quinta-feira, 10 de março de 2011

Where's my chinelo?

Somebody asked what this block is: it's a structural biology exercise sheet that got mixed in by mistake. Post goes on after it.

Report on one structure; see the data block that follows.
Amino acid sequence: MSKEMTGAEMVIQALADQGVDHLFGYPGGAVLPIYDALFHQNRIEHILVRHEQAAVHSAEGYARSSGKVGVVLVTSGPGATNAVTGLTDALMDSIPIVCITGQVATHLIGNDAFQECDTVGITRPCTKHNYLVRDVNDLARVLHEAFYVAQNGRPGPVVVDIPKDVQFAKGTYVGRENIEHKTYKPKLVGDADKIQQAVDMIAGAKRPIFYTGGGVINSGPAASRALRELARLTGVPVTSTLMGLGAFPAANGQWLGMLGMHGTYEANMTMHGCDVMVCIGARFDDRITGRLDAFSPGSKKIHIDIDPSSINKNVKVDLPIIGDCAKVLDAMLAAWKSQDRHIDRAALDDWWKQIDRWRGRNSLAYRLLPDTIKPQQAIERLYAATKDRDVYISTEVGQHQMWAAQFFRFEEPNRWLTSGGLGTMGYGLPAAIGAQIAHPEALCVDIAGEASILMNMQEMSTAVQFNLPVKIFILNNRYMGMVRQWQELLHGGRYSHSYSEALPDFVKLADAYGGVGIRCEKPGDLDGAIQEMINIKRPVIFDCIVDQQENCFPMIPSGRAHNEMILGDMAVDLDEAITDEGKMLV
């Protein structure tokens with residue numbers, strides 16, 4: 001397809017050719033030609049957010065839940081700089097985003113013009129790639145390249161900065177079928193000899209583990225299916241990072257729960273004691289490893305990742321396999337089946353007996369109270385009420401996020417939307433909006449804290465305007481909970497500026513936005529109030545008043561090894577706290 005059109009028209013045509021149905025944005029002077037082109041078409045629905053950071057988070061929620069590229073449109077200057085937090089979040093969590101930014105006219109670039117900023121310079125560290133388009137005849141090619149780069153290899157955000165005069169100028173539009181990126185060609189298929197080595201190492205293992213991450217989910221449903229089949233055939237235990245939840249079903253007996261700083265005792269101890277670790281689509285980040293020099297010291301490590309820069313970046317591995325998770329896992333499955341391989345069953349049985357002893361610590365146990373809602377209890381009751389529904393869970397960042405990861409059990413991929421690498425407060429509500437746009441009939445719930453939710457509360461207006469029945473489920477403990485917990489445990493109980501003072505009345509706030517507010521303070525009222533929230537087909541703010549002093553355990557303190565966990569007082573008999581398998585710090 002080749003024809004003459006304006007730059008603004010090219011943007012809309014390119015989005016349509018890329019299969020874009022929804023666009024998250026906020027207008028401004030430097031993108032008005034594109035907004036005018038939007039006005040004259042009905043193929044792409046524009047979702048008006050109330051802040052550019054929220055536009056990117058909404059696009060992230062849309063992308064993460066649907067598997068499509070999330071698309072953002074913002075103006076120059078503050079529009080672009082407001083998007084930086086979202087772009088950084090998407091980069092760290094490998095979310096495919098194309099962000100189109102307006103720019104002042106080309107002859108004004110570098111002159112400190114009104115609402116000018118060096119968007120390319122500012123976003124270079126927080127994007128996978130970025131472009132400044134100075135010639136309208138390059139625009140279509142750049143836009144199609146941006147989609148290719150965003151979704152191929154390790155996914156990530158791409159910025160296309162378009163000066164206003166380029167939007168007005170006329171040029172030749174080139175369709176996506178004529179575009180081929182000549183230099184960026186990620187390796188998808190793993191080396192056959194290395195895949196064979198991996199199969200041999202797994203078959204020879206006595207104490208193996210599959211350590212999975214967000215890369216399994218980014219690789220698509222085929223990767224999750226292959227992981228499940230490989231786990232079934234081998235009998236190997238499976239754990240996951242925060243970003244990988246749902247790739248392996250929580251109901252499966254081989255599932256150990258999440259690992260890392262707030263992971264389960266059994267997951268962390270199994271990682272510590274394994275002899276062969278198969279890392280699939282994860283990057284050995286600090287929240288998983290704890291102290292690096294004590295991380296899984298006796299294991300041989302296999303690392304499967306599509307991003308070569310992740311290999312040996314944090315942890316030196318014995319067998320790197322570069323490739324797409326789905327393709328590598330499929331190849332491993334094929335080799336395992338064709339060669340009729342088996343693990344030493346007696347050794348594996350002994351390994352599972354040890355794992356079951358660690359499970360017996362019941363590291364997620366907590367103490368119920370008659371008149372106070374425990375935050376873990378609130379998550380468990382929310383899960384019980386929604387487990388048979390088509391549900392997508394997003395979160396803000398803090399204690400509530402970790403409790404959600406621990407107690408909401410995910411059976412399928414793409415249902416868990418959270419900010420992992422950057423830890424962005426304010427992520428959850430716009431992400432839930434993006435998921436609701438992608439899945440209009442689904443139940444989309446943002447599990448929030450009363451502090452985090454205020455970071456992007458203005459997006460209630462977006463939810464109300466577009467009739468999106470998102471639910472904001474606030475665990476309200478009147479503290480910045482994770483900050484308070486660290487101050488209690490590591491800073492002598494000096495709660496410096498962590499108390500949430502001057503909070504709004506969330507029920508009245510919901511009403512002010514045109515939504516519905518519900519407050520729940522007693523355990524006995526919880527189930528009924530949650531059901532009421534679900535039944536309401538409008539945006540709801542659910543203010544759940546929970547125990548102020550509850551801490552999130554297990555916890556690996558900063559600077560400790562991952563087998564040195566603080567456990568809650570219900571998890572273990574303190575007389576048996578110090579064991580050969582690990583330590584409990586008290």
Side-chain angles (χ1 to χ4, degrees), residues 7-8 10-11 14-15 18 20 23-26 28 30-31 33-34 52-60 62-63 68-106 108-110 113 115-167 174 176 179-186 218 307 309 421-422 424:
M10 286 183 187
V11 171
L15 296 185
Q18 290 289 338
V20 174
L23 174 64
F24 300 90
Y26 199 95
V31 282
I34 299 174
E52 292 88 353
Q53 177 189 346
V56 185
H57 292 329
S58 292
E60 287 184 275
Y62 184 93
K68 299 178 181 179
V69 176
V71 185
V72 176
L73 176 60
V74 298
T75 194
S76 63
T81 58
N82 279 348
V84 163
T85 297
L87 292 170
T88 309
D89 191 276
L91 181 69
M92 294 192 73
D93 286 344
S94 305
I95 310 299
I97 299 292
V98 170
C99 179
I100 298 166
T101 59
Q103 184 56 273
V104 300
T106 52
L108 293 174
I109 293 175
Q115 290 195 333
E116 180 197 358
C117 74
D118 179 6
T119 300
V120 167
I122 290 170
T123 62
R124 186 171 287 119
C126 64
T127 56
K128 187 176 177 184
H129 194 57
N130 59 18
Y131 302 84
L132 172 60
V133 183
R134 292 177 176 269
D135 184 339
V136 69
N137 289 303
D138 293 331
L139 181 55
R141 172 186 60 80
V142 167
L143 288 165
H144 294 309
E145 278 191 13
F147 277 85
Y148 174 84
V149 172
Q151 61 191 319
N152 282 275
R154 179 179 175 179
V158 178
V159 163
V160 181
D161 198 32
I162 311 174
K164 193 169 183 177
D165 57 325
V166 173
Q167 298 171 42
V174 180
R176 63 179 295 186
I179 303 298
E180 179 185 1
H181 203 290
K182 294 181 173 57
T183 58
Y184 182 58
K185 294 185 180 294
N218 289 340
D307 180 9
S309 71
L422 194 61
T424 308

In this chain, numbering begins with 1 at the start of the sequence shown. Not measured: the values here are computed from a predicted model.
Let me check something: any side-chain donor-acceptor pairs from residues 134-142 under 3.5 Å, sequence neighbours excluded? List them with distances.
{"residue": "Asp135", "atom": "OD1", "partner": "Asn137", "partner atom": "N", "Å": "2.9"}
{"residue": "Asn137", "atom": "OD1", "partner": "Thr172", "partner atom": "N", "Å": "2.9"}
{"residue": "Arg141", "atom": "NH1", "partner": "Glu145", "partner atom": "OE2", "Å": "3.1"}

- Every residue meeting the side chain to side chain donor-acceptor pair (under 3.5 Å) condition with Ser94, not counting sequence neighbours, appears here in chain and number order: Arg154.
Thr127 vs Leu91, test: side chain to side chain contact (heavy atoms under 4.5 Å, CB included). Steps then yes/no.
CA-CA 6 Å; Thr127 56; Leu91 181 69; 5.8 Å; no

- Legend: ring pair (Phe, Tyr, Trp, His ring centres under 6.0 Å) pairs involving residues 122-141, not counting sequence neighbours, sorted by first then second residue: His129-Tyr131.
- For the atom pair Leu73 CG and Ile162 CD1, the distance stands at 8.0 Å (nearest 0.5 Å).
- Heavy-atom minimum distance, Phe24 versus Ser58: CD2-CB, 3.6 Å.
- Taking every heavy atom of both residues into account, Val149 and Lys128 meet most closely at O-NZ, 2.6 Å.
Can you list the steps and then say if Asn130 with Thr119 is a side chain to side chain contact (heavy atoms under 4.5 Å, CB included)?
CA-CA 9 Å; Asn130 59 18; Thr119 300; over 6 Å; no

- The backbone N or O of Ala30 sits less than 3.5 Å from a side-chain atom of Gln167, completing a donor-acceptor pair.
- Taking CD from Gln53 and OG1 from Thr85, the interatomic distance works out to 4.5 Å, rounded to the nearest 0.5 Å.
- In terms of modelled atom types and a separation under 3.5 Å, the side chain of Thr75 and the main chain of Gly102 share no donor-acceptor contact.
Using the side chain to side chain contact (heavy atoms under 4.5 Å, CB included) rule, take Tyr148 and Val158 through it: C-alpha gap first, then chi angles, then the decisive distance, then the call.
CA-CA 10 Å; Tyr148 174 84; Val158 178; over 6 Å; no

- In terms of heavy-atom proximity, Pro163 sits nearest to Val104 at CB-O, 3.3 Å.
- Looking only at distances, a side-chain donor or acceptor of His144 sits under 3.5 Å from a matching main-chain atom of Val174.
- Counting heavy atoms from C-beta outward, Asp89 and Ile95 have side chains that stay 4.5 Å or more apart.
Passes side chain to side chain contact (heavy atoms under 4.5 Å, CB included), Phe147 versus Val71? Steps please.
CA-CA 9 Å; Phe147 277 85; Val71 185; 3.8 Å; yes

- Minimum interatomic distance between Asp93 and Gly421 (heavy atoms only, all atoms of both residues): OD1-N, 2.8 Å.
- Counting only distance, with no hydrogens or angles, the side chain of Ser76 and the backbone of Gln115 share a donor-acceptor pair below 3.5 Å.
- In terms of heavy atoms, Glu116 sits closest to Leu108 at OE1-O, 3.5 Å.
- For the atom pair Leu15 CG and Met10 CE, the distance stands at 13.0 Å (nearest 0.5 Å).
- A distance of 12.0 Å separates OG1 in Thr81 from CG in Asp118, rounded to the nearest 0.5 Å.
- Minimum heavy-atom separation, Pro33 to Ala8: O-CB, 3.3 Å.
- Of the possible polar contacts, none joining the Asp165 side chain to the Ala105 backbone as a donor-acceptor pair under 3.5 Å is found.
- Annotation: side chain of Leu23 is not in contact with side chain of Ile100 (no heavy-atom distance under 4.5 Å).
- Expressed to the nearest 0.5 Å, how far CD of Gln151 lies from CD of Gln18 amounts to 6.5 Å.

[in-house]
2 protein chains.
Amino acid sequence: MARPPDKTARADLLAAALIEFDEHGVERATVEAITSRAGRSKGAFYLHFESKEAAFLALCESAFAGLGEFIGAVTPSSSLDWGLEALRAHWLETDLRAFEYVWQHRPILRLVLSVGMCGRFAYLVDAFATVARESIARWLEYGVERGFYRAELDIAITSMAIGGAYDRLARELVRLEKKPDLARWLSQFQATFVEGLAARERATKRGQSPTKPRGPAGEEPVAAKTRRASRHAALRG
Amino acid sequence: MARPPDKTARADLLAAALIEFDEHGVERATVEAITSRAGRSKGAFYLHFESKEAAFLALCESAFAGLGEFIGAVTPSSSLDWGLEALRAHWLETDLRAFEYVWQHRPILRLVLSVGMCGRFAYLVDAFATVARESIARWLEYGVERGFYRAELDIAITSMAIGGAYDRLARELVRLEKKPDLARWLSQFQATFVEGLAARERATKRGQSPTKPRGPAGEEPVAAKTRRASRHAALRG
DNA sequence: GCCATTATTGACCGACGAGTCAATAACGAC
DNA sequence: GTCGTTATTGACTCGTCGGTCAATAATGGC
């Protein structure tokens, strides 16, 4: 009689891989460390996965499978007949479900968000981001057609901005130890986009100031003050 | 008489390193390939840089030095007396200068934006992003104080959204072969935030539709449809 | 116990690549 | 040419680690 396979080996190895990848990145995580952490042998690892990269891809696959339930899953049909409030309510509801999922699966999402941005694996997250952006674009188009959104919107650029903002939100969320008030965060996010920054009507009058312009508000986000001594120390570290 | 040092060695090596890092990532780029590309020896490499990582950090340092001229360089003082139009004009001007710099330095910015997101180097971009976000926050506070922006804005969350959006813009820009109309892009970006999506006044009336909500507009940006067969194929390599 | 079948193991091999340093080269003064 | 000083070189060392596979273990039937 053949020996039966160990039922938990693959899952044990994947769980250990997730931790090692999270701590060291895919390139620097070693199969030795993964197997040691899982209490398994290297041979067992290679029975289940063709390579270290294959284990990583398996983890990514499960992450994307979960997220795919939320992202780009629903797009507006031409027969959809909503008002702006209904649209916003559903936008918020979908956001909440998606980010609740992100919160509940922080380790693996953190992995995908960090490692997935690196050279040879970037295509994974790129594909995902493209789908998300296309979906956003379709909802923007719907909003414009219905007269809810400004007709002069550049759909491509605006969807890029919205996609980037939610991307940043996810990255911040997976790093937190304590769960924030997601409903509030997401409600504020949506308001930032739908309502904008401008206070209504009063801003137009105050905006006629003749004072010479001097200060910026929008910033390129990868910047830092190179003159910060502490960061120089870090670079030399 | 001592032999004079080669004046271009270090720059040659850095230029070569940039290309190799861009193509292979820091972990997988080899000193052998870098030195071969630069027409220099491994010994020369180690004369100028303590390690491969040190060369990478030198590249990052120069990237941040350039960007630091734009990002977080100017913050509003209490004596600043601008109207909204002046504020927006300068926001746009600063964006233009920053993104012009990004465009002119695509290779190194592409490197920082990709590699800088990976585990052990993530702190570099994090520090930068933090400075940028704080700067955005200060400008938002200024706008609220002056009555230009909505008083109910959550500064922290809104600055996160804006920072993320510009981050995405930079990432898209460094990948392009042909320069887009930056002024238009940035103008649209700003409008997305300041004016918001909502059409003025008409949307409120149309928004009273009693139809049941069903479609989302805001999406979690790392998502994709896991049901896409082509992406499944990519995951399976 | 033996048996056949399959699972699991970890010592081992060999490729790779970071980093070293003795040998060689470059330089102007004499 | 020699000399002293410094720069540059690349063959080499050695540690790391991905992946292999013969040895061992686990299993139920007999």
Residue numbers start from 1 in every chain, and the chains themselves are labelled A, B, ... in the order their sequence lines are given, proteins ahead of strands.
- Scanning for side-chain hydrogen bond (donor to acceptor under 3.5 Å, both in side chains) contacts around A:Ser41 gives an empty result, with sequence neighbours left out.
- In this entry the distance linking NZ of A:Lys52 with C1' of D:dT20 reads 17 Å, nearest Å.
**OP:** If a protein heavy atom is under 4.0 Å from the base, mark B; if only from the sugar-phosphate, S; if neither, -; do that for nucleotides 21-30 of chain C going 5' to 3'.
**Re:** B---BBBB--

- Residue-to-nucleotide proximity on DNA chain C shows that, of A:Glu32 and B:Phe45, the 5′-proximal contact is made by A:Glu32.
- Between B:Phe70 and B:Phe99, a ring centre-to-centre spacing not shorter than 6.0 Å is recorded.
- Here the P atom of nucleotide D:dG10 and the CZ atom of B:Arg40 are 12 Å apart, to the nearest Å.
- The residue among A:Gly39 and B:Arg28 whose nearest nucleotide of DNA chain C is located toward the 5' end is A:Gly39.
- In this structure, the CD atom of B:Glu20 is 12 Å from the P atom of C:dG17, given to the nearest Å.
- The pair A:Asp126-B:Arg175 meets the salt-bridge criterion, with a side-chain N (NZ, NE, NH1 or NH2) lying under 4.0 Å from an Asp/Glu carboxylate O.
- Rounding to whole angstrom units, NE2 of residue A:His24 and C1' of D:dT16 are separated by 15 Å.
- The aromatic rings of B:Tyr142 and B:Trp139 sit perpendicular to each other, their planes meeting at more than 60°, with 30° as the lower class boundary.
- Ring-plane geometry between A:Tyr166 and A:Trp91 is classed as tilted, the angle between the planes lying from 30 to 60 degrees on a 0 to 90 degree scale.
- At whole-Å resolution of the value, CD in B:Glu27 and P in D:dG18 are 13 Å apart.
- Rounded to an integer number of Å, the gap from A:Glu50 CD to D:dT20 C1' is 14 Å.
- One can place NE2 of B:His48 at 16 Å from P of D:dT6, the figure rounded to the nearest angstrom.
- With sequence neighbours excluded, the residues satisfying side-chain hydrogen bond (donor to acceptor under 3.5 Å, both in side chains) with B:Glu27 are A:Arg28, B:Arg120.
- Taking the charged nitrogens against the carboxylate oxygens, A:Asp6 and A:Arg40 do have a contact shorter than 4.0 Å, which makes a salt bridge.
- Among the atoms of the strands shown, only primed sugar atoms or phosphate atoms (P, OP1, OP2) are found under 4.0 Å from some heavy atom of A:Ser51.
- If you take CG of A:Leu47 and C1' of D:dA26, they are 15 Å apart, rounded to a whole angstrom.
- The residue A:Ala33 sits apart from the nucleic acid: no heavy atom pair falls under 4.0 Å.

That's what my friend's son, who lives in the US, said during his vacation here in Brazil.This fact reminded me of a polemic subject we all have heard at least once: Should we, English teachers, use Portuguese in class? If so, what are the occasions we can do it? I found on the Net a nice article about it: "Using Portuguese in the teaching of English" from Ana Frankenberg (http://anafrankenberg.synthasite.com/resources/FG2000UsingPortugueseInTheTeachingOfEnglish.pdf).The writer says that some time ago English should never be used in class and after a while the usage of a first language became acceptable in classrooms. Nowadays, the idea is that we should not use our first language in class but in proper situations it's okay to do so. According to Ana "it is acceptable to use the first language to translate abstract words which are difficult to mime or draw, to check whether students have understood something which has been previously explained in English, and to give instructions and explain things to beginners who otherwise wouldn't understand." I agree with her. I really think that using English in class is much more effective and advisable. Students get even more motivated when they feel they can understand the language they're studying, and it's obvious that their listening improve a lot because they start getting used to English in first place. But we cannot deny that there are certain situations in which we just can't use English at all, and the article above mentions them brightly. So, in my opinion, using English in class is always the best idea, but we got to keep in mind that using our native language is sometimes necessary in order to transmit the content we're supposed to and help our students reach their main goal - learning English. I wish you a great class, colleague!

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